About the Cuckoo Project

It’s well known that we have lost over half of our breeding Cuckoos during the last 25 years. Populations of many UK breeding migrant species are declining, but there is little known about the mechanisms of these declines.

Why we started the project

Climate change is causing the timings of the spring season to change and there is evidence that many migrant species are not advancing their arrival times sufficiently to track the earlier spring. There is also some suggestion from previous studies that there are constraints in the migration timing of species wintering in or beyond the humid zone in Africa.

We also know from the BTO/JNCC/RSPB Breeding Bird Survey that Cuckoos are doing better in some areas of the country than in others, with the decline in England (68%) being greater than in Scotland and Wales, but why are they are declining at the rate they are?

Since 2011, we have been tagging and tracking Cuckoos as they migrate between the UK and tropical Africa. This ground-breaking research has helped us gain a much better understanding of all the aspects of the Cuckoo’s annual cycle and helped us clarify and suggest what might be driving the decline.

Seeing the whole picture

Whilst the Cuckoo had been well studied during the breeding season here in the UK, once they head off on migration very little was known about the routes they take or where in Africa they spent the winter months.

Previous to this project, there had only been one recovery of a young bird that was found in mid winter in Cameroon – 82 years ago. If we could identify areas of importance for these birds, then we can study pressures there which could explain the losses of the Cuckoo.

New technology, new opportunities

The recent development of new 5 g tags meant that we were able to track this species. In an effort to learn more about the routes and stop-over sites used, our first five Cuckoos were fitted with satellite-tags in May 2011. See how we caught the Cuckoos. The tags are solar-powered, transmitting for 10 hours and then going into ‘sleep’ mode for 48 hours, to allow the solar panel to recharge the battery. Read more about the tags.

So far all of the cuckoos we have tagged, except for one female – Idemili – have been full-grown males. This is because they are generally larger than females and juveniles and so are able to carry the tags more easily. Once smaller tags are available, we hope that we will be able to tag females and juveniles. We look forward to learning how their migrations differ from the males we have tracked so far.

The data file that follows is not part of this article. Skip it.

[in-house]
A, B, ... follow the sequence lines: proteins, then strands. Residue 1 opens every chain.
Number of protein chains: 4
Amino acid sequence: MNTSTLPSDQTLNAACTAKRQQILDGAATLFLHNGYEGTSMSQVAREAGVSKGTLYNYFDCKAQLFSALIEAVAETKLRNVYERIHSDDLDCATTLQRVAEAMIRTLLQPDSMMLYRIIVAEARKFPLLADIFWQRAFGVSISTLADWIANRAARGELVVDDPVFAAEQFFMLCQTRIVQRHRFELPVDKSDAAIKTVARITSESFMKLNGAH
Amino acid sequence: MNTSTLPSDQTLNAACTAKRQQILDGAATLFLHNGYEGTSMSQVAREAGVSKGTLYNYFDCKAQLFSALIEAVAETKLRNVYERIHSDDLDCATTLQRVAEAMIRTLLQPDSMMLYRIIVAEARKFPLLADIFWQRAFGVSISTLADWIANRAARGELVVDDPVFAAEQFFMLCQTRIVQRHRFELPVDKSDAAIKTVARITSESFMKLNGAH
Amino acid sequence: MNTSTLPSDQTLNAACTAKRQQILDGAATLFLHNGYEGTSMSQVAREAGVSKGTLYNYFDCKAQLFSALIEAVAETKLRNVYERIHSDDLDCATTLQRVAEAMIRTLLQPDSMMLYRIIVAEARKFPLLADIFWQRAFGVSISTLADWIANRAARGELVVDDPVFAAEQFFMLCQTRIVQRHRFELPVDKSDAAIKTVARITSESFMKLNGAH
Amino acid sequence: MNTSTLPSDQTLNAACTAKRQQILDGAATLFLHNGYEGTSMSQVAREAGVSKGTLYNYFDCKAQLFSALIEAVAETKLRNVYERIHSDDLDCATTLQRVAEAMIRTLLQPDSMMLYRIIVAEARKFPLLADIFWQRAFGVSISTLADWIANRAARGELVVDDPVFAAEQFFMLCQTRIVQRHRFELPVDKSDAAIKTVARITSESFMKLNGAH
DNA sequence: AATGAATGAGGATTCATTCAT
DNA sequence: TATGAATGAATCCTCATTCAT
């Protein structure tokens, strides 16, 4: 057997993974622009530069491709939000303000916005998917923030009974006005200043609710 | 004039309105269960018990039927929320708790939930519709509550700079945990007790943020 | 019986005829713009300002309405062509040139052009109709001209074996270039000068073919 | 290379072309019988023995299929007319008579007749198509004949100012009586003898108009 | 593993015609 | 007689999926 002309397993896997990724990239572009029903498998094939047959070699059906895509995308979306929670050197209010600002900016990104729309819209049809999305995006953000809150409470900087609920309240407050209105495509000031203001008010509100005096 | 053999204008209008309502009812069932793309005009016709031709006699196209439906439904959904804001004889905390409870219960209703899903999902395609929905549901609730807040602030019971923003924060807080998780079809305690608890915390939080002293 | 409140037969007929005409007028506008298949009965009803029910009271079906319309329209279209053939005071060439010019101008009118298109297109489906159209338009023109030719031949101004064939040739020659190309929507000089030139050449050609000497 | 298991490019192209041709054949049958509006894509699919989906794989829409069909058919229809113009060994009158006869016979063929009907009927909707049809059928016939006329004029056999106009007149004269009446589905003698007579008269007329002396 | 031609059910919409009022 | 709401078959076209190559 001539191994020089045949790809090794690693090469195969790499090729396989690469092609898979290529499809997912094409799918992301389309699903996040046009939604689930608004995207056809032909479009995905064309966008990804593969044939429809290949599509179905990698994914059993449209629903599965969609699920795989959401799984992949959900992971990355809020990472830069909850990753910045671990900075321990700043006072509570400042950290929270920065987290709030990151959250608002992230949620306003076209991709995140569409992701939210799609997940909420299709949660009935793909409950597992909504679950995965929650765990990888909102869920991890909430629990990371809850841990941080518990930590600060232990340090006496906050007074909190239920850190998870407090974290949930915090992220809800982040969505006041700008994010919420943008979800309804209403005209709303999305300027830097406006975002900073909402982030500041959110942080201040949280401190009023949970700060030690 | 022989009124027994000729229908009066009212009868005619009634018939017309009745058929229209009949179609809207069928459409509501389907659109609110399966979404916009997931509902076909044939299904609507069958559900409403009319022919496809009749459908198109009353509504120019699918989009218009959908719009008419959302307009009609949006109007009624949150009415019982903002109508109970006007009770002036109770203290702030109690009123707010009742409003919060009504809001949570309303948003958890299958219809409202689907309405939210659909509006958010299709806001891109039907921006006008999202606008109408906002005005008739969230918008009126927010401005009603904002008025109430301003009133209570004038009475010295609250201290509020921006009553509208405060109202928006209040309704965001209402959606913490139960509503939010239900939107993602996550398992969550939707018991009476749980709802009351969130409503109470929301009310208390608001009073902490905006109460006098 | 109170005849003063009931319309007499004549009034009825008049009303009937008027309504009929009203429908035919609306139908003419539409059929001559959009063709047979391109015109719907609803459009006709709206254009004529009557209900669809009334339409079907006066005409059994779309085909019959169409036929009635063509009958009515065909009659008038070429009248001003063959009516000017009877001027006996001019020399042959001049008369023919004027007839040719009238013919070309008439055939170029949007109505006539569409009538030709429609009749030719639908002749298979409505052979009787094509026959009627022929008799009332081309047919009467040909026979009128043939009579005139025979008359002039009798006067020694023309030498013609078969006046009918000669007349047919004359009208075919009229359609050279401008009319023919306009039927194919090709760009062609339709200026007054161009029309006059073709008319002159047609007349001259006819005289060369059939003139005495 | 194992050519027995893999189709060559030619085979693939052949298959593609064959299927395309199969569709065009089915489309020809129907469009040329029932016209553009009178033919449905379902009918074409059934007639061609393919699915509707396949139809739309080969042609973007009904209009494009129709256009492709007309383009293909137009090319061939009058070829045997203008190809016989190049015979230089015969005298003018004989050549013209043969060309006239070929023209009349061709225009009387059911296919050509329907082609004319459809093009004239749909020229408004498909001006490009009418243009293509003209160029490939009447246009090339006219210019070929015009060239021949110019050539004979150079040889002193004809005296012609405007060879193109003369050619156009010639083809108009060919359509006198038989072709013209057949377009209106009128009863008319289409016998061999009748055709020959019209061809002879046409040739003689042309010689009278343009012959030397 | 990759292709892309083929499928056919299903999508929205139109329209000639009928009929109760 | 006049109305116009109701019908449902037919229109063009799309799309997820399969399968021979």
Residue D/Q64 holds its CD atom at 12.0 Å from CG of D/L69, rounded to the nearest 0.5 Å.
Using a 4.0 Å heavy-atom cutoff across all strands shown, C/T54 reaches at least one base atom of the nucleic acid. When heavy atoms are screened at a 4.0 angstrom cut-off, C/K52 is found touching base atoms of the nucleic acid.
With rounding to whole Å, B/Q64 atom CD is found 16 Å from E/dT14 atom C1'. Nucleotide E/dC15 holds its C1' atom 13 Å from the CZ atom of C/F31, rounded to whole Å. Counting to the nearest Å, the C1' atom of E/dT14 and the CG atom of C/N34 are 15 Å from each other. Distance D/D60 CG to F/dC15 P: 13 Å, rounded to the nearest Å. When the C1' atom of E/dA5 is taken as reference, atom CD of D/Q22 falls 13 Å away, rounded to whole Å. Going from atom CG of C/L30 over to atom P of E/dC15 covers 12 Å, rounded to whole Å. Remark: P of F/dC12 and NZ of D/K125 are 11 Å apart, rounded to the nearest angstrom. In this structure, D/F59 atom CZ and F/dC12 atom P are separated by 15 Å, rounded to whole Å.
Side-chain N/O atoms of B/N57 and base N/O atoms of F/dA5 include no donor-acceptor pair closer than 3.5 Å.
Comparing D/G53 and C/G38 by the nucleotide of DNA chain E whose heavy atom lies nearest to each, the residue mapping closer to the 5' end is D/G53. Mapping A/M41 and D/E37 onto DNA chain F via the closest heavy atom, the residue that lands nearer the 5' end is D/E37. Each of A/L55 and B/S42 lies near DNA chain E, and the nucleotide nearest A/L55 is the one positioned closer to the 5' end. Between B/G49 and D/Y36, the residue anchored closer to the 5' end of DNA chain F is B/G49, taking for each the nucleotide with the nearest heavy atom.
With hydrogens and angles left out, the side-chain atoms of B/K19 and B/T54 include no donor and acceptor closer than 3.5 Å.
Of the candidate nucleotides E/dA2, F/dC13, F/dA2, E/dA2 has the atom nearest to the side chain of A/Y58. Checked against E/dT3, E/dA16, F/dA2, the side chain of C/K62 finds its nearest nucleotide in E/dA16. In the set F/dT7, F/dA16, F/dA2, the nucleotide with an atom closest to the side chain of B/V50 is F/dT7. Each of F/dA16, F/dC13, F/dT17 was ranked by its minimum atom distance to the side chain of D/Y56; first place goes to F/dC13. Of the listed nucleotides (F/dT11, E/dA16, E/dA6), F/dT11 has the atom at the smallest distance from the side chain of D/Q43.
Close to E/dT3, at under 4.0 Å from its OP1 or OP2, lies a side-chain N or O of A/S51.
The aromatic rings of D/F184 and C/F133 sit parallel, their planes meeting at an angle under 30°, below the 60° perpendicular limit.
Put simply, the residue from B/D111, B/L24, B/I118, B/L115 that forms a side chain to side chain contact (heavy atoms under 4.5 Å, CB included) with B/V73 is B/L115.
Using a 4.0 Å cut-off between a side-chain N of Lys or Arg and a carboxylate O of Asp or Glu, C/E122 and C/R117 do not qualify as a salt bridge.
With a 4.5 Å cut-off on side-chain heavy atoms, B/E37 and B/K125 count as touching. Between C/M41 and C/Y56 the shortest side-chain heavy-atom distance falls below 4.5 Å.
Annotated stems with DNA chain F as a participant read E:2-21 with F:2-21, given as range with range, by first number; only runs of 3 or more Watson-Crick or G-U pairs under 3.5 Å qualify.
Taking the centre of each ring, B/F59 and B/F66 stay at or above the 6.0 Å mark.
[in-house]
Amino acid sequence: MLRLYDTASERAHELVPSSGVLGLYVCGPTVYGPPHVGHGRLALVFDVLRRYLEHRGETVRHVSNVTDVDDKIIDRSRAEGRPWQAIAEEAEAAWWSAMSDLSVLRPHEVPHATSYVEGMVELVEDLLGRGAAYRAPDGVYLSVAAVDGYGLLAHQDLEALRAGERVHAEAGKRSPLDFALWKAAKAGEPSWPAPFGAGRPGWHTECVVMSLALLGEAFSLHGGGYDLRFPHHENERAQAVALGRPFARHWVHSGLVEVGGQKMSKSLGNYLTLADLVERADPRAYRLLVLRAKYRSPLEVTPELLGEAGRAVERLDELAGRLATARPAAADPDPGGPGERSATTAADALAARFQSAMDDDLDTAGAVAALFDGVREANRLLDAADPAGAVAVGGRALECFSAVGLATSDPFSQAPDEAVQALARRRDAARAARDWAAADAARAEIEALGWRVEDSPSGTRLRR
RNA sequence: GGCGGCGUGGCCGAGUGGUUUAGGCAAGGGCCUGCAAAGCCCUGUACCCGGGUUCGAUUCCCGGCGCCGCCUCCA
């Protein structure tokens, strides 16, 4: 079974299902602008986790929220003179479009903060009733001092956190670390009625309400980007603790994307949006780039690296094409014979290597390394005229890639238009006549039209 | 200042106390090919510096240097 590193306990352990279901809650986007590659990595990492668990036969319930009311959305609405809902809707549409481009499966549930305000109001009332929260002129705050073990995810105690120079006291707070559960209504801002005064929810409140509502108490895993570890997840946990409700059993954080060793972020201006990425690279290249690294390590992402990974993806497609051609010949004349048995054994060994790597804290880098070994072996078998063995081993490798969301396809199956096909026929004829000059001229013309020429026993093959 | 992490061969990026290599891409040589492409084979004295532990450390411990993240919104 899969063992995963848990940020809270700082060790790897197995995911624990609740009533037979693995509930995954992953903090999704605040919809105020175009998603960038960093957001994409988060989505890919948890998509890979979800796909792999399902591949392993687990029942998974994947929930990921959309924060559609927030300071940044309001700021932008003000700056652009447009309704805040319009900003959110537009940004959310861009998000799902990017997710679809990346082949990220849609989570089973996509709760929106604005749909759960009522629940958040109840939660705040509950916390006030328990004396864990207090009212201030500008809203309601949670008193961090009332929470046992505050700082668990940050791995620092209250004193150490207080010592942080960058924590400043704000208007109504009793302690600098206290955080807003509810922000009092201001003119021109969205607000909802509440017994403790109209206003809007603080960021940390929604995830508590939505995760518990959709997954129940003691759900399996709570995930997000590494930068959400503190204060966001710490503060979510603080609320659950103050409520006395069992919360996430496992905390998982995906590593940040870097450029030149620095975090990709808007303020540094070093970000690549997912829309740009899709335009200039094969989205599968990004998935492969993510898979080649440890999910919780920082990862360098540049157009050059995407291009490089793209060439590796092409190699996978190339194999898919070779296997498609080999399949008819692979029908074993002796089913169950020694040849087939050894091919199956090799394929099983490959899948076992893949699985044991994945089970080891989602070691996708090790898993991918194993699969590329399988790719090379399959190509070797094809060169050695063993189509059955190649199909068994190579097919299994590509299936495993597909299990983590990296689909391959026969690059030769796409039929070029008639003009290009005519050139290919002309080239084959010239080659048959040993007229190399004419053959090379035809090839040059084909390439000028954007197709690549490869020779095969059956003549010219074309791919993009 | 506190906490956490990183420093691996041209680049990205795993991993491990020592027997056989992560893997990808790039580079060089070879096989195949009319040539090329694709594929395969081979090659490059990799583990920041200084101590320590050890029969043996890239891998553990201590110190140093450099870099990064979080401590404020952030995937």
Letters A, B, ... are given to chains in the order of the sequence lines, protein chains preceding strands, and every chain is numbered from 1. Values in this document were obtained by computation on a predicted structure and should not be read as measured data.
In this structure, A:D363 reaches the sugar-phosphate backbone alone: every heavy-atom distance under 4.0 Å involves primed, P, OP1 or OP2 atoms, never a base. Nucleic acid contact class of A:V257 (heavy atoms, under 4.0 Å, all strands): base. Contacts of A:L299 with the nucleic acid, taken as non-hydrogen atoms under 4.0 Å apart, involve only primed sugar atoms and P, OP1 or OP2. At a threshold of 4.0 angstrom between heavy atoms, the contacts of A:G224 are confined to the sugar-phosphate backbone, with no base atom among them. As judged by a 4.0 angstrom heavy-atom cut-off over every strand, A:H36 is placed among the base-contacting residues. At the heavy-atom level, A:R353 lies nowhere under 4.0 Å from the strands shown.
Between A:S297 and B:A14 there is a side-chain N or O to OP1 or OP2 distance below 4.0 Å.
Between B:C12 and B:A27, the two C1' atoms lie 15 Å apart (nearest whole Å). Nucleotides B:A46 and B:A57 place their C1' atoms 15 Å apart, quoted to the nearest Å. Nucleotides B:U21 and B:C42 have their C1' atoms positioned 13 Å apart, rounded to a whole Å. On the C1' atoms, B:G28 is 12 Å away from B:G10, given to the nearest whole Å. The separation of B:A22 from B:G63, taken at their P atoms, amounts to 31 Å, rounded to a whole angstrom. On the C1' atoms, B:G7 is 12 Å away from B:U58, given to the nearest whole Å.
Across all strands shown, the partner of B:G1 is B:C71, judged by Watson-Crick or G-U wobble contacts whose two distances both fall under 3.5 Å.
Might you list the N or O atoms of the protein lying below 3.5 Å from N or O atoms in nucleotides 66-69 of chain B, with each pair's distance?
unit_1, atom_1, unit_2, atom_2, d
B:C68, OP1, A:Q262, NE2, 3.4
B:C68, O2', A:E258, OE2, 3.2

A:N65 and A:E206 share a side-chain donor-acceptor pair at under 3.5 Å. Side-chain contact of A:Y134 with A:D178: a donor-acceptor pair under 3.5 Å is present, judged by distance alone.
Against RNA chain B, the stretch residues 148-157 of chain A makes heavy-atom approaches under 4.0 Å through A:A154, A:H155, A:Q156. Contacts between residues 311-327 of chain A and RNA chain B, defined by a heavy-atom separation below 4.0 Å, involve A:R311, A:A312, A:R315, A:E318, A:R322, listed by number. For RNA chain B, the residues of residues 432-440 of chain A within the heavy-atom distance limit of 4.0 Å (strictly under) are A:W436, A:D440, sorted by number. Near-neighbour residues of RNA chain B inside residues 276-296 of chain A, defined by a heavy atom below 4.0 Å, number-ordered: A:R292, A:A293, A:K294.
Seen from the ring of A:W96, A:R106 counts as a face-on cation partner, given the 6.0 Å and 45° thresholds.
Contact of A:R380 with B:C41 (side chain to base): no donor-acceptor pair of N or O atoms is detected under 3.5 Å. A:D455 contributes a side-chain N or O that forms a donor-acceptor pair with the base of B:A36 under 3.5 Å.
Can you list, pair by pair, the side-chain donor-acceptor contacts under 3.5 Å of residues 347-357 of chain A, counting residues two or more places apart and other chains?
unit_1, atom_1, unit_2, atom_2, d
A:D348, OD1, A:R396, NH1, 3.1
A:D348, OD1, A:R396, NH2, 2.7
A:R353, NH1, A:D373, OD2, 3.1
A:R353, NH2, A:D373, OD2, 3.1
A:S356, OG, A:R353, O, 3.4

Information gleaned from the project will help to form conservation strategies and initiate action. 

The story so far

Listen to Phil Atkinson and Chris Hewson talk about the rapid decline of cuckoos, why the tracking project is so important, and how it can help us understand more about the decline and potential solutions to reducing or reversing it. Alternatively, you can read all about what we have learnt from the project so far.

Why the project needs to continue

We have learned a lot about the routes taken by our satellite-tagged Cuckoos, and some of the pressures they face whilst on migration. However, the breeding population of Cuckoos in the UK is still rapidly declining, and there is much more to uncover! 

The Cuckoo Tracking Project is now the only long-term study of avian Afro-Palearctic migration, making it even more vital for our work to continue.

From 2024, we will be tagging birds near Ullapool – our most north-westerly location yet – to investigate how the survival rates of birds from the uplands compare with that of birds from the lowlands.

We are also hoping to use a different type of tracking tag in the near future, which will give us much finer-scale information about the habitats the Cuckoos use to breed in and restock their energy supplies before setting off for Africa again. This will help us to understand how both breeding habitat and migration route impact the Cuckoo’s survival throughout the year.

Thank you for your support

Thank you to all the individuals, organisations and companies have joined in to support and sponsor this exciting project. We greatly appreciate all those who have made the project possible, including those who gave advice and volunteers.

This project would also not have been possible without the generous financial support it has received since it started in 2011.

The following organisations have given contributions of over £10,000 to cover some of the project costs.

Additional thanks 

The catching team comprised BTO staff: Chris Hewson and Phil Atkinson and volunteer BTO ringers: Paul Noakes and Justin Walker. Kasper Thorup and Mikkel Kristensen from the Natural History Museum of Denmark have kindly advised this project and assisted with the fieldwork. Raymond Klaassen from Lund University advised us when planning the project.

A special thanks also goes to all the land owners who gave us permission to catch on their land and apologies if we didn't catch a Cuckoo - it can be challenging.

Support the project

“I have been following the progress of all the cuckoos, and more specifically AJ whom I sponsored, for many weeks now and I wanted to let you know how much pleasure it has given me. What a feat for such plucky little birds! They are incredible. I will continue to track them all.”

Sponsor a Cuckoo

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